utterly fantastic and amazingly fun izakaya at the top of the stupidly-designed orchard central. today, I bring you a gem. I visited this place for an invited tasting – and the food was great, the atmosphere authentic and incredibly fun – and I know, pffffff. invited-schmited what-had-I-expected.
so I sent my parents on to the restaurant the weekend after my visit for a proper litmus test, and they came back full of praise for the place. which makes me really glad – because now I can be utterly effervescent without qualm.
I can’t quite recall the last time I ever described a place as fun – and I’m not really that sort of bouncy jovial person anyway (I might swing a little too much to the other side of things) – but that’s all I thought while there. izakayas are boisterous places – plates of good food and never-empty glasses of beer to lubricate conversations and wind down after a long day, and staff who know how to keep the place cheerful and loud enough for you to do so; this place has all those qualities in spades.
I’m about to unleash a photo bomb – so I’ll keep the verbose to a minimum today. as it is, the dishes are both familiar and well-prepared – don’t come expecting overtly innovative preparations and poncy arrangements. the food surpasses my favourite conveyor belt place – and while it isn’t posh japanese fine-dining, it truly is very good. fresh ingredients simply prepared, an array of comfortingly familiar flavors, and served at a well-met pace.
we started off with ebiko-rolled maki, packed with prawn tempura, and silky slices of salmon sashimi (my parents tell me the hamachi sashimi is also very good – thick slices of not-too-milky fish), as well as a dish of pumpkin-raisin and mentai-potato salad (I preferred the pumpkin, though it was a tad sweet for some);
and a couple of dishes meant for the grill – an assortment of dried fish sheets which were divisive – some were tough and incredibly difficult to eat elegantly, but go well with beer; as well as the house specialty of skewered meats. the yakitori didn’t actually need time on the table grill for having been cooked in the kitchen – but we rather did it anyway, and liked the fragrant char.
order the sticks with leeks – they were delicious.
the edamame were fresh though ordinary-tasting – the notable part was the accompanying fanfare: a lady holds up a huge bowl of beans while you don surgical gloves and grab the biggest handful you can – all to the beat of enthusiastically loud drumming. I hope you get the same performance if you order these – I thought it really did something for the experience.
we finished with some grilled pork – not dry, and tastily porky – and a rather out-of-place dish of truffled french fries. the fries had the nutty fragrance of that black gold – and hey, nostalgia in the crinkle-cut, but it was just a little odd after what had been an authentically japanese meal.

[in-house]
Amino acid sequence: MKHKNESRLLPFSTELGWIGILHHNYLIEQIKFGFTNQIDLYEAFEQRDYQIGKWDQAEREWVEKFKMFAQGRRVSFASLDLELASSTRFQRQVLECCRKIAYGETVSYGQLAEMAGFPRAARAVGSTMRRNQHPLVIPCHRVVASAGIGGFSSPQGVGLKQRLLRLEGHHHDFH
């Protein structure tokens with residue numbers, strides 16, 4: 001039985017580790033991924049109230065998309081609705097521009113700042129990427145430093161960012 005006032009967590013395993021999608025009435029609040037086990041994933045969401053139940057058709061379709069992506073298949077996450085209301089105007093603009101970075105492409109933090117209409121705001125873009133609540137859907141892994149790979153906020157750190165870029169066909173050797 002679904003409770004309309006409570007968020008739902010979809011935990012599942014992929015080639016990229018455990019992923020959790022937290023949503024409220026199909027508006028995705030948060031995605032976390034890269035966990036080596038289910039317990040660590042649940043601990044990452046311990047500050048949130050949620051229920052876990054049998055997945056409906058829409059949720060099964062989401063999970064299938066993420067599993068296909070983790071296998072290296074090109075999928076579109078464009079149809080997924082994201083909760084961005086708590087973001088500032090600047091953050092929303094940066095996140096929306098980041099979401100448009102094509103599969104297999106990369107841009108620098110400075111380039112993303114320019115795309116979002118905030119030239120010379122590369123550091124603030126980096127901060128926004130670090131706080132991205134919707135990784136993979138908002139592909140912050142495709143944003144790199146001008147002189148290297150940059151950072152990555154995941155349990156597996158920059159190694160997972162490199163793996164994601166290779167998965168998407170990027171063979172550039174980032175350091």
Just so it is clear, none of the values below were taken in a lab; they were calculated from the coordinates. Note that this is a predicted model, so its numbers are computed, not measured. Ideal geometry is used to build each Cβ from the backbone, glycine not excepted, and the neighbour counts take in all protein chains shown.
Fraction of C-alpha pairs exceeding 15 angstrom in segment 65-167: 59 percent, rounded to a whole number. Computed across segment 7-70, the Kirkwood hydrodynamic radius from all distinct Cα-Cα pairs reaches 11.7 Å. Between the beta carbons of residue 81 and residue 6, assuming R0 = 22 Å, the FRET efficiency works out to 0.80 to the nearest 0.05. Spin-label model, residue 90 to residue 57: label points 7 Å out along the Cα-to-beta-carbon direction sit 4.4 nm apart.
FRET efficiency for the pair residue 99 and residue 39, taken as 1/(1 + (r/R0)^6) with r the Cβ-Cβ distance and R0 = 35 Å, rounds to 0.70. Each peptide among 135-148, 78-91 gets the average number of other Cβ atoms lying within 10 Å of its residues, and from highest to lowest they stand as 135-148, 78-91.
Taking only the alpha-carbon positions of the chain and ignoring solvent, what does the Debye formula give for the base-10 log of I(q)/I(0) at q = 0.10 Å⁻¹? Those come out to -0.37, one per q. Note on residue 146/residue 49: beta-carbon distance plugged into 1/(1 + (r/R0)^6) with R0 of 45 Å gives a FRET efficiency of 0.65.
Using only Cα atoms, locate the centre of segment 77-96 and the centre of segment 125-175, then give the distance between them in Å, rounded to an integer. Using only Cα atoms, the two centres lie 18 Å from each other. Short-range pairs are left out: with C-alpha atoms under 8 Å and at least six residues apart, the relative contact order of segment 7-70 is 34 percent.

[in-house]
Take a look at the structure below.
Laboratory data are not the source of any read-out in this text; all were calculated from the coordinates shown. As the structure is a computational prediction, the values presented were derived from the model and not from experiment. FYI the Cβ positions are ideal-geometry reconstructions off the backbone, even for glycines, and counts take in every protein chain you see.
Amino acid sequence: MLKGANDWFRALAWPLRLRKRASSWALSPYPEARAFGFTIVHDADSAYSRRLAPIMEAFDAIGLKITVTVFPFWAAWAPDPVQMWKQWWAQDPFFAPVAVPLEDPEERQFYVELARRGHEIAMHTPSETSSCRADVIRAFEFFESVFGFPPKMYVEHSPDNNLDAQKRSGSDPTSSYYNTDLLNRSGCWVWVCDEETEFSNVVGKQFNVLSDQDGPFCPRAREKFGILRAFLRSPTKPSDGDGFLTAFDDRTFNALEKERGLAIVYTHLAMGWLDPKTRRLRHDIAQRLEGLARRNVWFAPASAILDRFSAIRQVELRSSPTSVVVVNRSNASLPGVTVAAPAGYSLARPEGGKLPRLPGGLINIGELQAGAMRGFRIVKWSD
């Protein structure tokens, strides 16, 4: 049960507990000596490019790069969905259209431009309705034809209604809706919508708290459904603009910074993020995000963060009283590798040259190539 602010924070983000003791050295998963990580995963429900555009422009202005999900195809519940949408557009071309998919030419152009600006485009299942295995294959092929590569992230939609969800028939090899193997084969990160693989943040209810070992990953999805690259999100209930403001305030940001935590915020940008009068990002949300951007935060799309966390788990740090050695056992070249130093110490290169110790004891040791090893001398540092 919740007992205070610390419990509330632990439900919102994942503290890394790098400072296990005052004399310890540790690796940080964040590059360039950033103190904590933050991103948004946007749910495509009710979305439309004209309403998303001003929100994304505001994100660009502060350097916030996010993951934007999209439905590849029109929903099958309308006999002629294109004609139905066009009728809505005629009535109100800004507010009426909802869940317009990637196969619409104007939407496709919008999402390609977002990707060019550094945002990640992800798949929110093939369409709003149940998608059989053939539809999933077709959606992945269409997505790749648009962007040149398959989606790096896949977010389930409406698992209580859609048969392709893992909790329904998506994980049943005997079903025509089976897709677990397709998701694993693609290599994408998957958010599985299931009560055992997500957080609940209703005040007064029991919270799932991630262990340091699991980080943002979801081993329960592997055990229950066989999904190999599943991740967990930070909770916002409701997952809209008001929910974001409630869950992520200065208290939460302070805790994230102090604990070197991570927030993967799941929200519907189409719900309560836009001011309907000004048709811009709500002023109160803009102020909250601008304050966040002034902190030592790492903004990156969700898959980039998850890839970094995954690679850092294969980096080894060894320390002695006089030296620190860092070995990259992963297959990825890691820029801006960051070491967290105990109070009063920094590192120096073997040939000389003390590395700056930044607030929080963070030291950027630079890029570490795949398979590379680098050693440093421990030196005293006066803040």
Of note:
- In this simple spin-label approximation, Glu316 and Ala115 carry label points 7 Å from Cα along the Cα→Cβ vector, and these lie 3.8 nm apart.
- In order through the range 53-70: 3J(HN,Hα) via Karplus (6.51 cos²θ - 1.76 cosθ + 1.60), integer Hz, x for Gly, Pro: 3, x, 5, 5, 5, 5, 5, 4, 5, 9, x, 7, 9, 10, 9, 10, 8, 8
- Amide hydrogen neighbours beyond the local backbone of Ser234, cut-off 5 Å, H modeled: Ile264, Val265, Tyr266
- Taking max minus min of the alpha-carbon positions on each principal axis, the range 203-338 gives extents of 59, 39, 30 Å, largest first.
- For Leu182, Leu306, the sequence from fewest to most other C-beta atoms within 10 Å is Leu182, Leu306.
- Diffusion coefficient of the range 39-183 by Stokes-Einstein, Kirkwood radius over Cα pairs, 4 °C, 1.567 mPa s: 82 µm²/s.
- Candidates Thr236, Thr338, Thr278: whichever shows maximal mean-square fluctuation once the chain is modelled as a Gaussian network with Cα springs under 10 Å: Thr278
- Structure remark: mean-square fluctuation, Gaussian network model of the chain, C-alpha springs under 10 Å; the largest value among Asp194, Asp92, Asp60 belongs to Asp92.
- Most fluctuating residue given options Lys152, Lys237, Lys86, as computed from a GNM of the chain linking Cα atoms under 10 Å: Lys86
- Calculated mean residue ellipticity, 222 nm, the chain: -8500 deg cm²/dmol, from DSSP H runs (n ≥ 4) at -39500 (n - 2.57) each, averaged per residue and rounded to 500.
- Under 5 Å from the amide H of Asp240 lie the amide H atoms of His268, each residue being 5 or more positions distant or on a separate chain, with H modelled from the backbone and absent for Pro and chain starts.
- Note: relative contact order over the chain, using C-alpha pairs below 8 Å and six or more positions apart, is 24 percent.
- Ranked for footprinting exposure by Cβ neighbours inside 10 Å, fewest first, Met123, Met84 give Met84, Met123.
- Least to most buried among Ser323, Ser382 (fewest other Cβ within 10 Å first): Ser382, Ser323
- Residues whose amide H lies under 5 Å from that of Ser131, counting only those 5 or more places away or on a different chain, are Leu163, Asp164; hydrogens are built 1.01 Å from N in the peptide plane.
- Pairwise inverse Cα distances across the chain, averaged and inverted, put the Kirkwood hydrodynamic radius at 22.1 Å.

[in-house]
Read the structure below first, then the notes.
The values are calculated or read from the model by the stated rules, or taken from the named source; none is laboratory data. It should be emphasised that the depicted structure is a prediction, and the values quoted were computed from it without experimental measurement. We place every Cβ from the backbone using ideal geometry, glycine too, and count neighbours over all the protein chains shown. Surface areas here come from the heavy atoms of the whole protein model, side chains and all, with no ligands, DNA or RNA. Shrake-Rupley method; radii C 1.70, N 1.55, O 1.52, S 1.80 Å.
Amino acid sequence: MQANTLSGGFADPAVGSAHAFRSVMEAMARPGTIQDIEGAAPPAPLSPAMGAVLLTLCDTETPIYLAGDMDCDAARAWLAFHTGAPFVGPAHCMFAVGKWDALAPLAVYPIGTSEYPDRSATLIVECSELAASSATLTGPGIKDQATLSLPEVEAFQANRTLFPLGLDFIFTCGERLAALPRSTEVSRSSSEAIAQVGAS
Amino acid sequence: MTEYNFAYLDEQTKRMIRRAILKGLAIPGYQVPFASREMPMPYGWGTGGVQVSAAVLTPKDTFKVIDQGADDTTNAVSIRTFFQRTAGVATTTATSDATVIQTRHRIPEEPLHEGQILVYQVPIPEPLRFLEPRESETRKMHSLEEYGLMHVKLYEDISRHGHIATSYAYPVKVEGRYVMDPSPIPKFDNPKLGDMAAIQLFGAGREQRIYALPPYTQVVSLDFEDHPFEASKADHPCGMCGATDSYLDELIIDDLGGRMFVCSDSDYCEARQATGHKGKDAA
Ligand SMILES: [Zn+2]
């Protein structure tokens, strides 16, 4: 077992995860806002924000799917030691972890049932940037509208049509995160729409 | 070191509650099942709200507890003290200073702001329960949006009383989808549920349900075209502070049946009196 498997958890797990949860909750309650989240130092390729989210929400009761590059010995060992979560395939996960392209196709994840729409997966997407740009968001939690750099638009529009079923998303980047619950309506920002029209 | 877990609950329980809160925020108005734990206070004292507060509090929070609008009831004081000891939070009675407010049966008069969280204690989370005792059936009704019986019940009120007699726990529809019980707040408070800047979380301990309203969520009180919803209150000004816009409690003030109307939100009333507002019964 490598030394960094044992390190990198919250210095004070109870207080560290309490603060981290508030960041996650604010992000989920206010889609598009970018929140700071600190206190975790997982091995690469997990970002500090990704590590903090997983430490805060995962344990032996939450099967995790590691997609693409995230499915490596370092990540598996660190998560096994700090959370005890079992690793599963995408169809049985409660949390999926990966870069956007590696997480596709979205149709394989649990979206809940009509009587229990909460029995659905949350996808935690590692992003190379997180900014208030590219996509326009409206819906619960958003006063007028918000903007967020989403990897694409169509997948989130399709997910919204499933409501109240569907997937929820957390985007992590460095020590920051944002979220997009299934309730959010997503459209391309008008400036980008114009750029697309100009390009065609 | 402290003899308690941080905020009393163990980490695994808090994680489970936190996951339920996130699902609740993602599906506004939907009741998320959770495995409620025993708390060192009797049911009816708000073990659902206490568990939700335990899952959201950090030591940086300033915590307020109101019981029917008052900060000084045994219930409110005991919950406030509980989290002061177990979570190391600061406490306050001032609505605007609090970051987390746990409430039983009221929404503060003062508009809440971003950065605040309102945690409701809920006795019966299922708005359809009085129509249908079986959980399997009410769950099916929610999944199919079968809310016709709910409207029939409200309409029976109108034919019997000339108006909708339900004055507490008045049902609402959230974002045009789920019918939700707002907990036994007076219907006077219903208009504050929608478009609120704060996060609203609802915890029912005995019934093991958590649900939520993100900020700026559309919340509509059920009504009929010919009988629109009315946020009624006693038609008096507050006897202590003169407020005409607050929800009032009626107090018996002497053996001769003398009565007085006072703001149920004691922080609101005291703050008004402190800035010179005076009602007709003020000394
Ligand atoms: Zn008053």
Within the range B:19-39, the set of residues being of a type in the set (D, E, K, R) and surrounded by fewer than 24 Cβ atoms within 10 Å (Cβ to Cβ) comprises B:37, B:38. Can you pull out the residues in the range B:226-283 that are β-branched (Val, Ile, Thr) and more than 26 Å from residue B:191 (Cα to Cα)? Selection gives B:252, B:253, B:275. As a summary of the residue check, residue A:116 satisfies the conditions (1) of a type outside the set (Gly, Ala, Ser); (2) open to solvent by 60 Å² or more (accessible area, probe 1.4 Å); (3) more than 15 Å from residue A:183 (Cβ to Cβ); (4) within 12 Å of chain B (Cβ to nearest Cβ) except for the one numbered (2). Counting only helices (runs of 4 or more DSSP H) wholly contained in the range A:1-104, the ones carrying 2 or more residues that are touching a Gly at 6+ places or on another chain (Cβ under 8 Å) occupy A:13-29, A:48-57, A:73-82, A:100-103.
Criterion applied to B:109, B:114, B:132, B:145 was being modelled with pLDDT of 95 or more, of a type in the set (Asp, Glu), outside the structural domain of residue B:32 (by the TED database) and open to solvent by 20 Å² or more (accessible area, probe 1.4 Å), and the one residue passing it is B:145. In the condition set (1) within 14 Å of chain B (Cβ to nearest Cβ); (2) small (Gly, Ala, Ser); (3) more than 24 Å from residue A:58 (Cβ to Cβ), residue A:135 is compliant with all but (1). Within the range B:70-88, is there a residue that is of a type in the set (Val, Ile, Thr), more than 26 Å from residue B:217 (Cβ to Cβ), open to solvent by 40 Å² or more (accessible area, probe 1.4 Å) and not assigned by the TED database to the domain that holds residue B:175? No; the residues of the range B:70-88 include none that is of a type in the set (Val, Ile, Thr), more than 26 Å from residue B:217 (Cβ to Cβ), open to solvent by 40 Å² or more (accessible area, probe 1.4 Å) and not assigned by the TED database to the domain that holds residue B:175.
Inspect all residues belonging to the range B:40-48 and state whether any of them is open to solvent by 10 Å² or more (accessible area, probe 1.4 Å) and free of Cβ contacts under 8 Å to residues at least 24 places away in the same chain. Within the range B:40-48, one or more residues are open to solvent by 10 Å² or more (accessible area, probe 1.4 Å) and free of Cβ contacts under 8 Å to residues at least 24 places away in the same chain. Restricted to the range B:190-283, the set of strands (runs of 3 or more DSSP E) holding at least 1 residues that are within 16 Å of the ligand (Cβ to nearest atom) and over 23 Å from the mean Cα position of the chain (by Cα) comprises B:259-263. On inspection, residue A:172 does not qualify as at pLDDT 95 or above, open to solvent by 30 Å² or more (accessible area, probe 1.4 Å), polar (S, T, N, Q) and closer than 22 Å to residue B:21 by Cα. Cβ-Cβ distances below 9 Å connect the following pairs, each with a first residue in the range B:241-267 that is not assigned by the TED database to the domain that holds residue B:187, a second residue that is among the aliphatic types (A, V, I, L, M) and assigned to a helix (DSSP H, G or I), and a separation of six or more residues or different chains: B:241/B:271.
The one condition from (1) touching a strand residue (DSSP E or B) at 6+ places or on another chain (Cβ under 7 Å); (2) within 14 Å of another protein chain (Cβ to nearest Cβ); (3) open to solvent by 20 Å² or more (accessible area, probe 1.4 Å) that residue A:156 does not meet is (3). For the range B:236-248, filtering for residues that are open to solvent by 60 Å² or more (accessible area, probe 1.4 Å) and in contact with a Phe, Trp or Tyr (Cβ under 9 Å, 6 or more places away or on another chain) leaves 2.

the other strange thing was the stick of cotton candy they handed out post-meal – not quite what one associates with an izakaya. and spun sugar, really banally, tastes only of sugar.
the place is genuinely lovely: a vantage point over town, and a location so exclusive as to be both intimate and cosy – and it truly does remind me of japan. there is proudly-displayed vintage paraphernalia strewn all over – and the place is divided between three historic styles of izakaya dining, onward from the ’50s. my memory is a little wonky – so let’s call them the low-one (cosy and casual), the tall-one (more glamorous by the floor-to-ceiling-windows) and the outdoor-one (where you barbecue your own meats).
the staff were friendly, enthusiastic – and gracious the way only japanese can be. be prepared for a boisterous night – I’ve been told the asahi is the cheapest here at $4.90 a mug, which might account for it – and if not, it’s a welcoming place where you can, like me, clink your water to your friend’s beer mugs, and call it a day.
and if that weren’t enough, here’s the kicker: almost every dish on the menu is priced at less than a tenner. I think that’s completely ridiculous (by which I mean stupendously good) pricing, and it certainly made my parents happy when they got the bill. great ambience and good food (and cheap beer, if you’re into that) – I certainly will be coming back.
Sumiya Charcoal Grill and Izakaya Restaurant
#12-02 Orchard Central
181 Orchard Rd
tel +65 6509 9618
$$: most dishes go for under a tenner
p.s. if you try this place out – let me know. I would be a little heartbroken if the place turned out less endearing than we found it: it’s become one of my new favorite places – but even I remain slightly skeptical about how much I enjoyed myself.
p.p.s. if you hate this building as much as I do – the architect ought to be maimed – the best way to get up is to head for the lifts, and get on the one that ups to the eleventh floor. you’ll reach the restaurant via a small escalator on the side.
thank you, rachel, for the invite!